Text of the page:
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Thursday, December 4, 2008

Some Tips on Living in Greece 居住希臘小建言

If you are not so fluent in English, you can use this to translate the text below into Chinese:

My personal experience:

1. If you are too lazy to learn Greek, you should not think about living in Greece because government workers here are not usually fluent in English, and later you will burn enough money to hire home tutors for your kids.
2. If you think travelling in Greece is the same as living in Greece, you are too optimistic because the hotels staffs are courteous, but the majority Greek drivers are not.
3. If you are spoiled back home, many Greek men are much more spoiled by their mothers, and the two of you together will be a disaster.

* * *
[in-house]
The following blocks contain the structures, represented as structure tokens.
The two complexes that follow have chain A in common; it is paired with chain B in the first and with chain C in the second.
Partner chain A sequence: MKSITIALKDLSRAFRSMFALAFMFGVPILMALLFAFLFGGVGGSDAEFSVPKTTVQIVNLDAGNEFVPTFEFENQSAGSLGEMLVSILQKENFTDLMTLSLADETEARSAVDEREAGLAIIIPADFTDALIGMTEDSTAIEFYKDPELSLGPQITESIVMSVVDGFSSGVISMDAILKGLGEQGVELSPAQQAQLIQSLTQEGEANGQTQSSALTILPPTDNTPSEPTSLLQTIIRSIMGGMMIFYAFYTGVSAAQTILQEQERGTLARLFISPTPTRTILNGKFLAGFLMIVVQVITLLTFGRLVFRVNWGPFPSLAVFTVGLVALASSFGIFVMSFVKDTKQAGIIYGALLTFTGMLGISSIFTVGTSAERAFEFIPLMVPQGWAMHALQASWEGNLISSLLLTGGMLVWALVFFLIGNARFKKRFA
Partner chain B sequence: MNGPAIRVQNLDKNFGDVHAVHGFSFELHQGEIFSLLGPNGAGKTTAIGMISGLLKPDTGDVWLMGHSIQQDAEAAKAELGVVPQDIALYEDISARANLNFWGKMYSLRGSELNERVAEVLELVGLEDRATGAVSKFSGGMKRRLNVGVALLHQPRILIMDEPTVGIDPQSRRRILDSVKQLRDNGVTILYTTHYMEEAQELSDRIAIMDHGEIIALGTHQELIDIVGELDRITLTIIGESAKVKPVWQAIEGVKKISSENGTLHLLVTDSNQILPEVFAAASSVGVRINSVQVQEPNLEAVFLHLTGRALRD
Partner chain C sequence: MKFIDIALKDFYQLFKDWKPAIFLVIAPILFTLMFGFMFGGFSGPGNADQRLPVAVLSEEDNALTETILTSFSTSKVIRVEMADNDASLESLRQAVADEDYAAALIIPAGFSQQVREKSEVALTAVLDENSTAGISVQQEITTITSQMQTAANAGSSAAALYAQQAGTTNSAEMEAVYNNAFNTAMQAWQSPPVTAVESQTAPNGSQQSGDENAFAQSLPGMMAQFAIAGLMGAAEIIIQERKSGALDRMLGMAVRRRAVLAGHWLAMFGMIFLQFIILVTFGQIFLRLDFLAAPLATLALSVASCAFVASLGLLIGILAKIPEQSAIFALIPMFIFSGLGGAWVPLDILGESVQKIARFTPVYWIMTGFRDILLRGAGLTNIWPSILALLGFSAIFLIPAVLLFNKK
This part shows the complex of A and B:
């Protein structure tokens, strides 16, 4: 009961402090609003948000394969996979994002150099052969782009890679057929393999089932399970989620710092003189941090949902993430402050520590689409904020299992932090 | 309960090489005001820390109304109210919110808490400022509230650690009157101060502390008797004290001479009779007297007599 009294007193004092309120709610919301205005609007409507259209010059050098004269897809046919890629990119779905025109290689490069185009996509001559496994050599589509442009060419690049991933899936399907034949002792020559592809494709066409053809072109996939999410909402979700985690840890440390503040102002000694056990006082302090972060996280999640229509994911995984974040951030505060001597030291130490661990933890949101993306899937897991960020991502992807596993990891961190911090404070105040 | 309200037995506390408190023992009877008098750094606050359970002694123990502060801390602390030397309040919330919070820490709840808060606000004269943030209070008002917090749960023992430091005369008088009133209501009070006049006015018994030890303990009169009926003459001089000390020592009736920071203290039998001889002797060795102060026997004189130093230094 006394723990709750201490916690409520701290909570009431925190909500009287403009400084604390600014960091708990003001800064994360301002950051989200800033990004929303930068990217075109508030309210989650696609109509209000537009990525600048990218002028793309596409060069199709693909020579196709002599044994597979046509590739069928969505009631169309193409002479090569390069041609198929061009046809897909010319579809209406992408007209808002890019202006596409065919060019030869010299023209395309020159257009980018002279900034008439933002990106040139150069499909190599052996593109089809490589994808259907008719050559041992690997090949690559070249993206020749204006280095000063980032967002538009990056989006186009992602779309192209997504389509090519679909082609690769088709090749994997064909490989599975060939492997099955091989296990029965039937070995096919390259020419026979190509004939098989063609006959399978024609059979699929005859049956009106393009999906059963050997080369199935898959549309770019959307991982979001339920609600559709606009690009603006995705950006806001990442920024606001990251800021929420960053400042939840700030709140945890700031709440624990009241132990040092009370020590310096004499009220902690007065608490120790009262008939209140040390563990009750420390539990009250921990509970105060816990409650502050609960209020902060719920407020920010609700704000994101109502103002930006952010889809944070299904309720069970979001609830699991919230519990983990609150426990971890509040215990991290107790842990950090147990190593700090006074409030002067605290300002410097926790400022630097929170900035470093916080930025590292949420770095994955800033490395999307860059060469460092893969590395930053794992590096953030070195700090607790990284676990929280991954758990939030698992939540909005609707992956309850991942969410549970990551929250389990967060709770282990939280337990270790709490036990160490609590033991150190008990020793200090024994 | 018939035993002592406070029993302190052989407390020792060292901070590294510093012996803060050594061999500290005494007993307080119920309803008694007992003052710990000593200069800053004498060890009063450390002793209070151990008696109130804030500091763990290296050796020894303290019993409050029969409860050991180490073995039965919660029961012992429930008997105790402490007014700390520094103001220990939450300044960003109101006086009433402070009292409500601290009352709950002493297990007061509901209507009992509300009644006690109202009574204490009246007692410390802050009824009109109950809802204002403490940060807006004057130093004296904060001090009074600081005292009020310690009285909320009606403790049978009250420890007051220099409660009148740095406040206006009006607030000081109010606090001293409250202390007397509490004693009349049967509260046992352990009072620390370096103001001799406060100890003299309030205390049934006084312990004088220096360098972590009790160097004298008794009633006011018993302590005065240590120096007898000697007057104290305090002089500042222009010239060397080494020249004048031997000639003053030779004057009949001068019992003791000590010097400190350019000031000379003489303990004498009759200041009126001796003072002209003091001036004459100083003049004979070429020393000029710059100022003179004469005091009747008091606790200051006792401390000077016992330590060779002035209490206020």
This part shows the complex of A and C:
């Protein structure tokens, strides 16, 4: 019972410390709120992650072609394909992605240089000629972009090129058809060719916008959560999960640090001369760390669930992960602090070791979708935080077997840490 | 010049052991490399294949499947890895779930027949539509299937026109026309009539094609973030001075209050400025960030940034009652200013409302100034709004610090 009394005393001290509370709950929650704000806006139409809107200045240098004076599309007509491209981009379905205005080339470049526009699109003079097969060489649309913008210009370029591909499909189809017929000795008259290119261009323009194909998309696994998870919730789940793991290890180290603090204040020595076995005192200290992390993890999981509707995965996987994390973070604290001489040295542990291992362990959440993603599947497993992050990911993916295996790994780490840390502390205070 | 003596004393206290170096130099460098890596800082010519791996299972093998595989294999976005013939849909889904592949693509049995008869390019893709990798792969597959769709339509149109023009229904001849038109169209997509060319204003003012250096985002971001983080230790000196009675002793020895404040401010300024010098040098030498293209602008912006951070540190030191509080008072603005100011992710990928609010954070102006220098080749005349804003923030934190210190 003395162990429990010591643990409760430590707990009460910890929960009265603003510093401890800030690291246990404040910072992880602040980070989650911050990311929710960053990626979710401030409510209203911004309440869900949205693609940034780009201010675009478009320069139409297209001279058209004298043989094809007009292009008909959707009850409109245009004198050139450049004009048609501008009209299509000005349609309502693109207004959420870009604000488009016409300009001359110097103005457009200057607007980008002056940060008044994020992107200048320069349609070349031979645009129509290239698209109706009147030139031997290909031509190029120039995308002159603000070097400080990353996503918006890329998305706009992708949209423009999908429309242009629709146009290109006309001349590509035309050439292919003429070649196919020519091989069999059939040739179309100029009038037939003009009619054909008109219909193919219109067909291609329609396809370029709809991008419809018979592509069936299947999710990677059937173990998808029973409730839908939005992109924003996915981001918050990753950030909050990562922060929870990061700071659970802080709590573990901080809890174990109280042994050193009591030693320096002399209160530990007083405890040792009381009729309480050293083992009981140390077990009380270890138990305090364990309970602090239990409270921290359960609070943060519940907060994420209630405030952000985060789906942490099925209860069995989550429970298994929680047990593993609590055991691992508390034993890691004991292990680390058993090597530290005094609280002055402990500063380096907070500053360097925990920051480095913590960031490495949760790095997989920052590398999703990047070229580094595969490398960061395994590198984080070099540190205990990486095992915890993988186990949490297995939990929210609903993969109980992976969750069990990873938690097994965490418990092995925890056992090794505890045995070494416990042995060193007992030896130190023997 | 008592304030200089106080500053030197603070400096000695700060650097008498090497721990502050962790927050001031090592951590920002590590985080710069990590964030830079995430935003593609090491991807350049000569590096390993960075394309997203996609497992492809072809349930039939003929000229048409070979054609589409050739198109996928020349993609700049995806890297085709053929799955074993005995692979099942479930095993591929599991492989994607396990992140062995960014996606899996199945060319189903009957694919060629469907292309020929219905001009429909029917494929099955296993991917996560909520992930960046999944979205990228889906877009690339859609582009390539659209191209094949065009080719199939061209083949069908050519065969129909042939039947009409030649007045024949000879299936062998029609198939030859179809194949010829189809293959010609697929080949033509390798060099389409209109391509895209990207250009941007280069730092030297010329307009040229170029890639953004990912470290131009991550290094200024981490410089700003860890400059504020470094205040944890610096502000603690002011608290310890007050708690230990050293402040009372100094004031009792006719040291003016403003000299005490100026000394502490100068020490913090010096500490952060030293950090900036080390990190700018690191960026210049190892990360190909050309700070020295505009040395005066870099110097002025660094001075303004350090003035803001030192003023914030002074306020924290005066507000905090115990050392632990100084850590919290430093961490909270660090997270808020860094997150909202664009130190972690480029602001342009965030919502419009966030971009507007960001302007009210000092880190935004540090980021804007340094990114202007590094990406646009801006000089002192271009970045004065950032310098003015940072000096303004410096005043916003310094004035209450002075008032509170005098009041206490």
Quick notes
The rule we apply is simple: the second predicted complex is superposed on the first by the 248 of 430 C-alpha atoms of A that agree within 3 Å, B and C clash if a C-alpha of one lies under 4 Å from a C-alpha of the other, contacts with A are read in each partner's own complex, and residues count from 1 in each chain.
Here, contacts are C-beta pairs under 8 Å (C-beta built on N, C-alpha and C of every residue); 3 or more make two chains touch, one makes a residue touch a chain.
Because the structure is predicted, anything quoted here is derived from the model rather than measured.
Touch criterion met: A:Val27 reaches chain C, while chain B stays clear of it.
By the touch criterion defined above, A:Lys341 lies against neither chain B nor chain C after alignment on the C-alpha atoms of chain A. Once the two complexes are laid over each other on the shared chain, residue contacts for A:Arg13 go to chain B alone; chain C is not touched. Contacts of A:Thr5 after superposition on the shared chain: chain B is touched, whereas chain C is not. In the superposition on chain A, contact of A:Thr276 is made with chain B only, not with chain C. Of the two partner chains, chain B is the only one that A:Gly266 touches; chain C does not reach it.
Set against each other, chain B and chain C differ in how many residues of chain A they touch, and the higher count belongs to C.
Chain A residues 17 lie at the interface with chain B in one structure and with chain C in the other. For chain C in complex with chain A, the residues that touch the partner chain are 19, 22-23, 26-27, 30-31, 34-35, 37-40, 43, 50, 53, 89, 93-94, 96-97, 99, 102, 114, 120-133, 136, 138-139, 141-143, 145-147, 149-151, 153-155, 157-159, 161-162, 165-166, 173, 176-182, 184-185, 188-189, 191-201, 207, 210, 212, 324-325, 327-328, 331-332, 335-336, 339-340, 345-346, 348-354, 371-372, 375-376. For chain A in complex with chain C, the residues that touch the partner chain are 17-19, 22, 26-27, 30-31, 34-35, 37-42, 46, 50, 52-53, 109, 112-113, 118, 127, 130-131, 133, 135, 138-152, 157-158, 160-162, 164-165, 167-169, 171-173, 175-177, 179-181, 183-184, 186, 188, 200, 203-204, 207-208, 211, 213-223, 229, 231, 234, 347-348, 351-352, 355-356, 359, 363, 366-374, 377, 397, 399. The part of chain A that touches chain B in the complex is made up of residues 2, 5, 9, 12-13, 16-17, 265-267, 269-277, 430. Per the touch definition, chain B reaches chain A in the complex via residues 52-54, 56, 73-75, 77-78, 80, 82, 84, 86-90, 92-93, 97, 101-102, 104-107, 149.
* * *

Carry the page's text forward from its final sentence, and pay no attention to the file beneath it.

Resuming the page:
4. If you are very independent, your in-laws may “prevent” you from being so because Greek families are very “close” in distance and in relationship (including living on different floors of the same building, or keep giving you Greek food that you may be tired of eating).
5. If you like an organized society, this place is full of strikes (including garbage workers, teachers, public transit employees…).
6. If you think you can find work based on your professional training or trade, you are again too optimistic.
7. If you don’t have a sense of humor when you encounter difficulties, you will not like it here either.
8. If you like veggies, you may miss a lot of varieties that Taiwan can offer; but if you like meat, there are always souvlakis and gyros everywhere until late at night.
9. If you like to compare prices before making up your mind on a purchase, you will not like shopping here. (Yes, things are not cheap here, but you still have to live.)
10. If I have scared you away, Greece still boasts to have the best climate in Europe, and the sweetest grapes in the world.